The climate of our planet is constantly evolving. In the context of the recent acceleration of climate change, it is particularly important to understand the factors that affect it, and in order to do so, scientists are studying surface karst structures known as solution pipes.
Solution pipes are formed as limestone rocks are dissolved by carbonic acid (water saturated with carbon dioxide) and humic acids produced through the decay of organic matter in the soil. An attempt to discover the relationship between the shape of solution pipes and the climate conditions under which they formed is at the heart of a project conducted by Prof. Dr hab. Piotr Aleksander Szymczak from the Faculty of Physics at the University of Warsaw, entitled “Solution pipes as new paleoclimate proxies”. The project won more than 1.2 million PLN under the CEUS-UNISONO scheme.
The research will involve a team of Polish physicists and Slovenian geomorphologists. The former will use numerical simulations and lab experiments to try to identify relationships between different environmental factors and the features of solution pipes. The latter, on the other hand, will carry out field studies of existing structures of this kind so as to be able to draw conclusions about the paleoclimate. These will then be compared with the results of other paleoclimate reconstruction techniques. An important role in the research programme will be played by lab experiments, designed to test various theoretical models of the formation of solution pipes, which will also provide a benchmark for the validation of numerical simulations.
The CEUS programme is organized by the NCN in cooperation with research-funding agencies from many countries, based on the Lead Agency Procedure (LAP). Its purpose is to fund basic research projects in all disciplines of science, carried out by research teams from two or three CEUS-participating countries. More details about the CEUS-UNISONO call can be found HERE.
BarkBuild: Tree bark as a renewable source of wood protection materials for building applications. Polish applicant - Warsaw University of Life Sciences. Polish Principal Investigator: dr hab. eng. Grzegorz Marek Kowaluk. The project will involve research teams from Finland, Latvia, Norway, Slovenia and Sweden.
The implementation of research projects funded within the Call will start at the beginning of 2022.
More information and the full list of the projects recommended for funding can be found at: Forest Value website.
“Even though we are now living in an era of digital reality and conquering of outer space, research into the human past is still needed and important. This award confirms me in my belief that my work matters and has an audience”, says Dr Paweł L. Polkowski, one of the winners of the 2021 NCN Award.
The NCN Award is given to young researchers from Polish research centres in three categories. Dr Paweł L. Polkowski, an archaeologist employed at the Archaeological Museum in Poznań and the Polish Centre for Mediterranean Archaeology of the University of Warsaw, won an award for his work in arts, humanities and social sciences. The winner for life sciences was Dr hab. Sebastian Glatt from the Malopolska Centre for Biotechnology of the Jagiellonian University, while Professor Jonatan Gutman from the Institute of Mathematics of the Polish Academy of Sciences triumphed in physical sciences and engineering.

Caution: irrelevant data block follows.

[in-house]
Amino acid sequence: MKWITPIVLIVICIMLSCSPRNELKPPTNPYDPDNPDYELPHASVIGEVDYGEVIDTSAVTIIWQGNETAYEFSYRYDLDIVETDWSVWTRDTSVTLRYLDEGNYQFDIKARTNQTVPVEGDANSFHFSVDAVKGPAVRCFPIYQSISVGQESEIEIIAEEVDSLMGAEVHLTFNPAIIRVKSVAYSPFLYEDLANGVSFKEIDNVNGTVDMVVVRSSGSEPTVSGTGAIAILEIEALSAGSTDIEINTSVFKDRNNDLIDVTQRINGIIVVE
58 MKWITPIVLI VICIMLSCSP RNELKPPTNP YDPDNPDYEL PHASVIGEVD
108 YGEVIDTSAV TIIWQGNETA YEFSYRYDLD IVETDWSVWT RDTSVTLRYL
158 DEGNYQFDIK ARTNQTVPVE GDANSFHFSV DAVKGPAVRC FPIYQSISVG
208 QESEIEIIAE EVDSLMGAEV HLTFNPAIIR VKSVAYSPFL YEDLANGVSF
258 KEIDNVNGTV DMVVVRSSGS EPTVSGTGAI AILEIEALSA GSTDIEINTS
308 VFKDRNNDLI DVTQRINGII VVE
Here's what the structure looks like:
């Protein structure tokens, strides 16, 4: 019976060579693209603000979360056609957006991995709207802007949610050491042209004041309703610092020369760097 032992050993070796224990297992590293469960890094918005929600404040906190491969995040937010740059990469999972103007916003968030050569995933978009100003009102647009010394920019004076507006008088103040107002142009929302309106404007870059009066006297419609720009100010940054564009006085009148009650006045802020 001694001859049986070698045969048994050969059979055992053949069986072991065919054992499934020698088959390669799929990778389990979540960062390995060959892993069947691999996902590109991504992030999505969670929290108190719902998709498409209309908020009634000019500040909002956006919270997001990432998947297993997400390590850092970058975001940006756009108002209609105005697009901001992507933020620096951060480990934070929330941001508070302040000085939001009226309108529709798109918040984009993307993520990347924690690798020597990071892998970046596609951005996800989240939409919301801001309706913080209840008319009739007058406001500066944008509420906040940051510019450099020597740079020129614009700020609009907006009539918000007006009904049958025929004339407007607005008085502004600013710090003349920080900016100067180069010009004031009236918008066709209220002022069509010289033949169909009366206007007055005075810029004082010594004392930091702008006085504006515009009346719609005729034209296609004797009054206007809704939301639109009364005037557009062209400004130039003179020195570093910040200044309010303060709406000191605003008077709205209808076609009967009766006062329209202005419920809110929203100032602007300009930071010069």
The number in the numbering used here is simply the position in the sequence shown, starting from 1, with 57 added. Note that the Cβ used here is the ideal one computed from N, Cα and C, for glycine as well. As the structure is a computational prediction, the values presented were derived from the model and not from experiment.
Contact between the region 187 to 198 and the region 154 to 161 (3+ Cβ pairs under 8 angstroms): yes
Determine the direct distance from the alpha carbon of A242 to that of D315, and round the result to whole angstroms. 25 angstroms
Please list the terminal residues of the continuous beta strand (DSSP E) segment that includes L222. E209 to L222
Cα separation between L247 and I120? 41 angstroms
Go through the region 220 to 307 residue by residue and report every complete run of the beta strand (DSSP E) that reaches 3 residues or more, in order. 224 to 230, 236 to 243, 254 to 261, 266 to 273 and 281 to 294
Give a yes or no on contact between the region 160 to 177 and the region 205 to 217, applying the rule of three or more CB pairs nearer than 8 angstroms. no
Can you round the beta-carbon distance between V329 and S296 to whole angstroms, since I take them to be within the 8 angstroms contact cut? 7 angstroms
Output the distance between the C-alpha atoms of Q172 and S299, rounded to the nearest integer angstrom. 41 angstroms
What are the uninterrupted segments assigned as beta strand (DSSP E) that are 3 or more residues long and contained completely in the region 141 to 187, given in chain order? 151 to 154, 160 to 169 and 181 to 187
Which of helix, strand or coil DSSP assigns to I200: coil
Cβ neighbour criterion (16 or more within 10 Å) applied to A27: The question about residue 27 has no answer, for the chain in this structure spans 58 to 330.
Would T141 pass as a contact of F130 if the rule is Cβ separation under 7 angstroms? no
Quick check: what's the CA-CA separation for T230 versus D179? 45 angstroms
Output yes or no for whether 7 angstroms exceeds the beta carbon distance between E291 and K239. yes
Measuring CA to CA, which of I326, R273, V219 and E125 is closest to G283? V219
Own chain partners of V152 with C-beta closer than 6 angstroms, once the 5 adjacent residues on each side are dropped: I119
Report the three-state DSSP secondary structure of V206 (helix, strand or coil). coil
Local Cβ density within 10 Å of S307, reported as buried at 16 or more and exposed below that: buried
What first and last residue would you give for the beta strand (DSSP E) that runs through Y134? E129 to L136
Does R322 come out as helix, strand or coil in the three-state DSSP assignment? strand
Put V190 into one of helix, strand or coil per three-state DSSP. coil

The ceremony was held on 6 October in the Gallery of 19th-century Polish Art in the Sukiennice. The statuettes and diplomas were also handed out to last year’s winners: Professor Jakub Growiec, Professor Wojciech Fendler, and Dr hab. Michał Tomza. In 2020, the awards ceremony did not take place due to the pandemic situation.
Dr Paweł L. Polkowski studies the rock art of Egypt and Sudan, as well as other issues related to iconography, landscape and theory in archaeology. He ranks as one of the most competent researchers of North African rock art in the world.
He has run a mission known as The Petroglyph Unit of the Dakhleh Oasis Project which studies petroglyphs in the Dakhleh Oasis in Egypt, since 2016, and has stood at the head of the Dakhleh Oasis Project for more than a year now. With a history spanning over 40 years, the latter project combines a number of research missions that look into various aspects of the oasis and the Egyptian Western Desert in general.
Petroglyphs are figurative representations on rocks and boulders, created with techniques such as carving or picquetage. They were created inside the oasis, as well as in the surrounding Western Desert, over thousands of years. The most important aspect of Dr Polkowski’s research, in his own words, involves “an attempt to weave rock art into a broader narrative of the past landscape of the oasis”. “My research shows that the meaning and function of rock art varied between different periods. My job is to consider the role of this creative endeavour in the process of transmitting knowledge about the world and to study the ontological status of rock art and the creatures that it depicts. I also look into the rock carvings of the Pharaonic period, many of which were created by people travelling across the desert”, he explains.
Dr Polkowski has won three NCN grants, a scholarship awarded by the Municipal Office of Poznań to young researchers from the local research community (2013) and a scholarship for outstanding young researchers granted by the Ministry of Science and Higher Education (2018-2020).
Groundbreaking results in dynamical systems
Prof. Jonatan Gutman works in dynamical systems theory, especially topological dynamics and ergodic theory. He won the NCN Award for a collection of six extensive papers published between 2019 and 2021, which addressed a series of problems on the borderline between dynamical systems theory, ergodic theory and classical topology. His results, especially those concerning the optimal dimensions for embedding dynamical systems into Hilbert cubes and the theory of nilspace structures, are now considered as groundbreaking. As specified in the nomination, the problems tackled by Professor Gutman “aroused active interest among top, world-class mathematicians, and their proposed solution deserves great recognition”.